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Human rights in Burma ‘a car crash’

Human rights in Burma saw serious setbacks in 2014, according to the latest report by Human Rights Watch (HRW).

Progress made since President Thein Sein took power in 2011 has derailed, with the international community not meeting its responsibility to shore up the reform process, the Washington-based rights group says in its World Report 2015, released on Thursday.

The country has seen “significant slowdowns and in some cases reversals of basic freedoms and democratic progress.”

“After two years of steady if uneven progress, Burma’s human rights situation was a car crash in 2014,” said Brad Adams, Asia director at Human Rights Watch.

The HRW analysis of Burma shines a spotlight on the repression and persecution of Burma’s 1.1 million strong Rohingya Muslim minority, the majority of whom live in Arakan State in the country’s west.

The report also accuses both prominent anti-Muslim group the “969 Organisation” and the government-backed The Association for the Protection of Race and Religion or Ma Ba Tha as it is commonly known, of inciting violence in the country.

In January 2014, the United Nations claimed that it had “credible evidence” to suggest that over 40 Muslim men, woman and children had been killed in a massacre at Duchira Dan [Du Char Yar Tan] in northern Arakan State.

In its World Report, HRW said Burmese government-led investigations into violence in the area were “below international standards” as they “did not include impartial investigators.”

The subsequent expulsion of Médecins Sans Frontières (MSF) from the region, and later the country as a whole, is also condemned.

HRW notes that the on going ethnic conflict in the northeast of the country, despite the nationwide ceasefire negotiations, has involved reported shelling of populated violence.


Internal displacement is endures across Burma, with an estimated 350,000 people who remain internally displaced in the east of the country, with more than 110,000 refugees residing in nine camps on the Thai side of the border.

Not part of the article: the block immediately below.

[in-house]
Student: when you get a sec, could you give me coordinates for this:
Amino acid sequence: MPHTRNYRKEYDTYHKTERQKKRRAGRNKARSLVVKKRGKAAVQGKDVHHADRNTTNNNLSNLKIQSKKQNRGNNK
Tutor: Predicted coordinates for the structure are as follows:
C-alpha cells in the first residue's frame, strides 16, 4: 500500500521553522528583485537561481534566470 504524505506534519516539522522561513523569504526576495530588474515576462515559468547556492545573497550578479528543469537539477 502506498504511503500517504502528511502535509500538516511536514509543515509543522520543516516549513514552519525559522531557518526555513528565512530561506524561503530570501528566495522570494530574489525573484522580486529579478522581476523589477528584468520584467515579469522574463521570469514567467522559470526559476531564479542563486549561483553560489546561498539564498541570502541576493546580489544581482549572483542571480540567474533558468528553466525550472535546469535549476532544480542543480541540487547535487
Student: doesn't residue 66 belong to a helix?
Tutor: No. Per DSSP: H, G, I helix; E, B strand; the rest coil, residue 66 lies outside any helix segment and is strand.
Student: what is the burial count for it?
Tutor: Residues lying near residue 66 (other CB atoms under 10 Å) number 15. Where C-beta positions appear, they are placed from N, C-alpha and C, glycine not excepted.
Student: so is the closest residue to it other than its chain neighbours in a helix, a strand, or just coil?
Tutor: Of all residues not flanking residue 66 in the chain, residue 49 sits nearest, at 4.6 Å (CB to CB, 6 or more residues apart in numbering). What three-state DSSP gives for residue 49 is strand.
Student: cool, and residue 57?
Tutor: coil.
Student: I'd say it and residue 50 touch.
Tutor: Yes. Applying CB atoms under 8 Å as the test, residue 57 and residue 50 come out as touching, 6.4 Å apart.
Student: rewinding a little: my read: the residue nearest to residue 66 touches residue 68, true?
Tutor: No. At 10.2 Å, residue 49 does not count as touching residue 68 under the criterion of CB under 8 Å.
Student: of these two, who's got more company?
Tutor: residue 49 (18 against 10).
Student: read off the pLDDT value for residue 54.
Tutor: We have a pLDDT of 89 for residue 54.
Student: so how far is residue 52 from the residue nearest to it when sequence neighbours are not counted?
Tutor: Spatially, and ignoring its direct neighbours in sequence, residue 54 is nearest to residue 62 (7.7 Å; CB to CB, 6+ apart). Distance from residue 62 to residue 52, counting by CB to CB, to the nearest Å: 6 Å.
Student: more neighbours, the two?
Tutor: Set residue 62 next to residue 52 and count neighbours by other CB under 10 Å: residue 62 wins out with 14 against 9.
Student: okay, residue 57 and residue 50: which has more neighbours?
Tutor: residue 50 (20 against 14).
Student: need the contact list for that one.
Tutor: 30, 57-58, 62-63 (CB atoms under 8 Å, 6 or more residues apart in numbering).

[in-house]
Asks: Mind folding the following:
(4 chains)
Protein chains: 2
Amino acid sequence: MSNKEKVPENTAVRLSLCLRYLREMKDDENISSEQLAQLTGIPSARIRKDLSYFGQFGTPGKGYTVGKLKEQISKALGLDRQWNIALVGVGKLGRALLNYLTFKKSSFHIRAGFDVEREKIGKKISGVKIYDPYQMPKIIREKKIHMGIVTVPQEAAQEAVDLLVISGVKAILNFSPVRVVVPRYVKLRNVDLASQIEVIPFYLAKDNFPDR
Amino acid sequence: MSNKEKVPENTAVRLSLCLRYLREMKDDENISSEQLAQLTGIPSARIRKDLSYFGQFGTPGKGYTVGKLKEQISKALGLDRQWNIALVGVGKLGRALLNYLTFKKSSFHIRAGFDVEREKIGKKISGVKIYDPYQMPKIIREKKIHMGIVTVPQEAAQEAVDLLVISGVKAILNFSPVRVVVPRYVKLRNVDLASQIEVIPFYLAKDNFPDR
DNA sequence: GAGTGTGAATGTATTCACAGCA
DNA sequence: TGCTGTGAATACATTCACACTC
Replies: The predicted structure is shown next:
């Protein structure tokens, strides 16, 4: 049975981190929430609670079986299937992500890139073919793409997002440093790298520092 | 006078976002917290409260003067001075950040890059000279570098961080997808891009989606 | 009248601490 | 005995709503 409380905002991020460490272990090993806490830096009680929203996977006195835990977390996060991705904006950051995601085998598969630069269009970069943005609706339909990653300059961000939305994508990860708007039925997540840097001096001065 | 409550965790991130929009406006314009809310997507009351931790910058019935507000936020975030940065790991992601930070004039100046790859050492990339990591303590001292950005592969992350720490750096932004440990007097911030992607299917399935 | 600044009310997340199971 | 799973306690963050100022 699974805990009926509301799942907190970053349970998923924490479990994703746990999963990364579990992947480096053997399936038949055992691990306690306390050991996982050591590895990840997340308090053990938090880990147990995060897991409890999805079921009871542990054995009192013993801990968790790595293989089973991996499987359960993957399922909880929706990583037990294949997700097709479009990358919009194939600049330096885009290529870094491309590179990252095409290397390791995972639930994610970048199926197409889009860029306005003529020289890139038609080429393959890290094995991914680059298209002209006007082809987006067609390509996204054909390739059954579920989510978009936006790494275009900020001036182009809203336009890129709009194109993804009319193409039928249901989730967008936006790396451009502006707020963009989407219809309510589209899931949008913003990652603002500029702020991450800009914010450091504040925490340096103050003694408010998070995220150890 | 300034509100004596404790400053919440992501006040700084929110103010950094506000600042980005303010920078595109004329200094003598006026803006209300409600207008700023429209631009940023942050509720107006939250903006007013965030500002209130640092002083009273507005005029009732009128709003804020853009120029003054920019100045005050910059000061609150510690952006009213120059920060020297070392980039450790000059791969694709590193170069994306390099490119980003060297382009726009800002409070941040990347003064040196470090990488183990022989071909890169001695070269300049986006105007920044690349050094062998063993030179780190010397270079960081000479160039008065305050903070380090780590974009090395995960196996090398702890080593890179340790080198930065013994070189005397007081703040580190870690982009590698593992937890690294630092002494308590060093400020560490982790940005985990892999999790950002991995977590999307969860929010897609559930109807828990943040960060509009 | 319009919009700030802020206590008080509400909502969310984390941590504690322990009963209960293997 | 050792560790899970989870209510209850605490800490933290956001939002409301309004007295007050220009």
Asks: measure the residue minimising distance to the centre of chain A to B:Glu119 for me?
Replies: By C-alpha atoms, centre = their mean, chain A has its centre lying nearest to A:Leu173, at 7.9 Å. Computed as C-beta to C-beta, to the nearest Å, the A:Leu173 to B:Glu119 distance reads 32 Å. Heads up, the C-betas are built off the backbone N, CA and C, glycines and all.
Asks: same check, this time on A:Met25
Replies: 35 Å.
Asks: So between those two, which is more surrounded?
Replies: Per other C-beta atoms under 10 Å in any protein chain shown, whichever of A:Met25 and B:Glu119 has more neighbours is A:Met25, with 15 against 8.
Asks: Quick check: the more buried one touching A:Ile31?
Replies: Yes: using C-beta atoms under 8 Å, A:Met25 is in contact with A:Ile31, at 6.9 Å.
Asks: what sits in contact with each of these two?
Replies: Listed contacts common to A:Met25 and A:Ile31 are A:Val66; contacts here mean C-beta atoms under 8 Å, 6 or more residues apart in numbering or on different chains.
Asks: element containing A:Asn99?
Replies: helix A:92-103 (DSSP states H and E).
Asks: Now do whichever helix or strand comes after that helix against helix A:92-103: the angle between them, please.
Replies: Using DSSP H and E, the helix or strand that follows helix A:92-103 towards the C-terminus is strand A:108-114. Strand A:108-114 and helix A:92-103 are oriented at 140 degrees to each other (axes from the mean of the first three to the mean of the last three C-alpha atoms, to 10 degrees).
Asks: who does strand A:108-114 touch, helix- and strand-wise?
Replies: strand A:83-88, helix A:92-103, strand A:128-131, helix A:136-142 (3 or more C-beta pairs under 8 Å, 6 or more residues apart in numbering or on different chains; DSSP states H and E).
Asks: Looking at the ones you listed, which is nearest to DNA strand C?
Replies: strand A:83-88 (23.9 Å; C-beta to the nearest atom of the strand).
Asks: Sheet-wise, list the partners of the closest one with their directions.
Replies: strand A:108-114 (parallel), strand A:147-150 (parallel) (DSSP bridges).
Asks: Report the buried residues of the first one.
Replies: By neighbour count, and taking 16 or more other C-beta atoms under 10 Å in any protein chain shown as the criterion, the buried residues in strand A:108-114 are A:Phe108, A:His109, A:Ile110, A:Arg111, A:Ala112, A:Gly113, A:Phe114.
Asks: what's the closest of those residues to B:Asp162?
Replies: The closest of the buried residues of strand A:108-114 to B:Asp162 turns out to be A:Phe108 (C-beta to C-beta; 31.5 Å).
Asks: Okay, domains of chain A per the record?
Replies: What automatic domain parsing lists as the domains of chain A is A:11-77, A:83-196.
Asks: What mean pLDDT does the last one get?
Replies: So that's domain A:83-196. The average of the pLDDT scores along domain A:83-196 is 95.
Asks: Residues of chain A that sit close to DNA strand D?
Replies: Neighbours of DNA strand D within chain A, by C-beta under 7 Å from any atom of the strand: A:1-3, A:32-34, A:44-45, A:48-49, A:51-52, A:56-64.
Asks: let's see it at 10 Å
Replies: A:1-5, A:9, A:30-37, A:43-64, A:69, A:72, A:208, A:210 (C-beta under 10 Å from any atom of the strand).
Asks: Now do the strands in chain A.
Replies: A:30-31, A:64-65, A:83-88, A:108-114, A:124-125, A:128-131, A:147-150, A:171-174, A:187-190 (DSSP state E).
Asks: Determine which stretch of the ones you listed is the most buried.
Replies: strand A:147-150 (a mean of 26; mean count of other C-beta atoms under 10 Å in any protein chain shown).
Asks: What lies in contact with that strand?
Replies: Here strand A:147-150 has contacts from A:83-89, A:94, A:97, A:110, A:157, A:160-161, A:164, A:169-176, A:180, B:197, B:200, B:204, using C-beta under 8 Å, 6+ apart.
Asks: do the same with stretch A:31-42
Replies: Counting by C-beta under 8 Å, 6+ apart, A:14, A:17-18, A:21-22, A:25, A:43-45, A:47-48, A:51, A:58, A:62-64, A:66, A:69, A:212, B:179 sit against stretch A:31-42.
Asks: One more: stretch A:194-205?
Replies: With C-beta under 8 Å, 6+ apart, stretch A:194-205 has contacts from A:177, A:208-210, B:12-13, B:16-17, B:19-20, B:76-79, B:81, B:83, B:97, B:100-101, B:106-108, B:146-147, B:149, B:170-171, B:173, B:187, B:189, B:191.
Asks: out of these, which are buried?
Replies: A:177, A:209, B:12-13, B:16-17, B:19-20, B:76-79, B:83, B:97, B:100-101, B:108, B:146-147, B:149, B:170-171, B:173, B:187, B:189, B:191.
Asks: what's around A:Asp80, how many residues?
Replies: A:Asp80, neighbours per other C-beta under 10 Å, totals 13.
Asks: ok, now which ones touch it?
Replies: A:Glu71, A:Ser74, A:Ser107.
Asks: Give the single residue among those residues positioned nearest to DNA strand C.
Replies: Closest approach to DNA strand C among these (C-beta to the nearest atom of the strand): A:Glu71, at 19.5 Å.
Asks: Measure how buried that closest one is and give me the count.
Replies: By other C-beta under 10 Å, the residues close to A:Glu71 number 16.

Some of the previous progress made on relaxation of media control by the state has been undone by increased intimidation of the press in 2014.

Journalists have been jailed, and the freelance reporter Par Gyi was killed by the army – attempts to investigate his death suffered serious government obstruction.

The report also criticises the situation of freedom of expression and assembly in Burma, pointing out that there are over 230 confirmed political prisoners or individuals who face charges for assembly and expression of views. The number of those arrested under the Peaceful Procession Law while protesting against widespread illegal land grabs has also risen.

Despite rhetorical commitment to reforms on the international stage, change has been inconsistent, with the slated 2015 elections being called into question with the cancellation of by-elections in 2014.

There is also serious governmental reluctance to enact much needed constitutional reforms, with the army keen to maintain their hold on power. HRW says, “The Burmese Defense Services, or Tatmadaw, rejected constitutional amendments, and senior military leaders in numerous speeches vowed to safeguard the existing constitution as one of the military’s core duties.”

Thein Sein reneged on his pledge to US President Obama to establish an office of the United Nations High Commissioner for Human Rights in the country and has objected to international pressure to allow independent human rights monitoring and reporting.

The HRW report reads that despite these serious threats to human rights, international aid and development support from all major donors to Burma has increased.

“The army is still calling the shots on major issues, while the government seems confident it has satisfied other countries to keep the aid and investment dollars flowing,” said Brad Adams.


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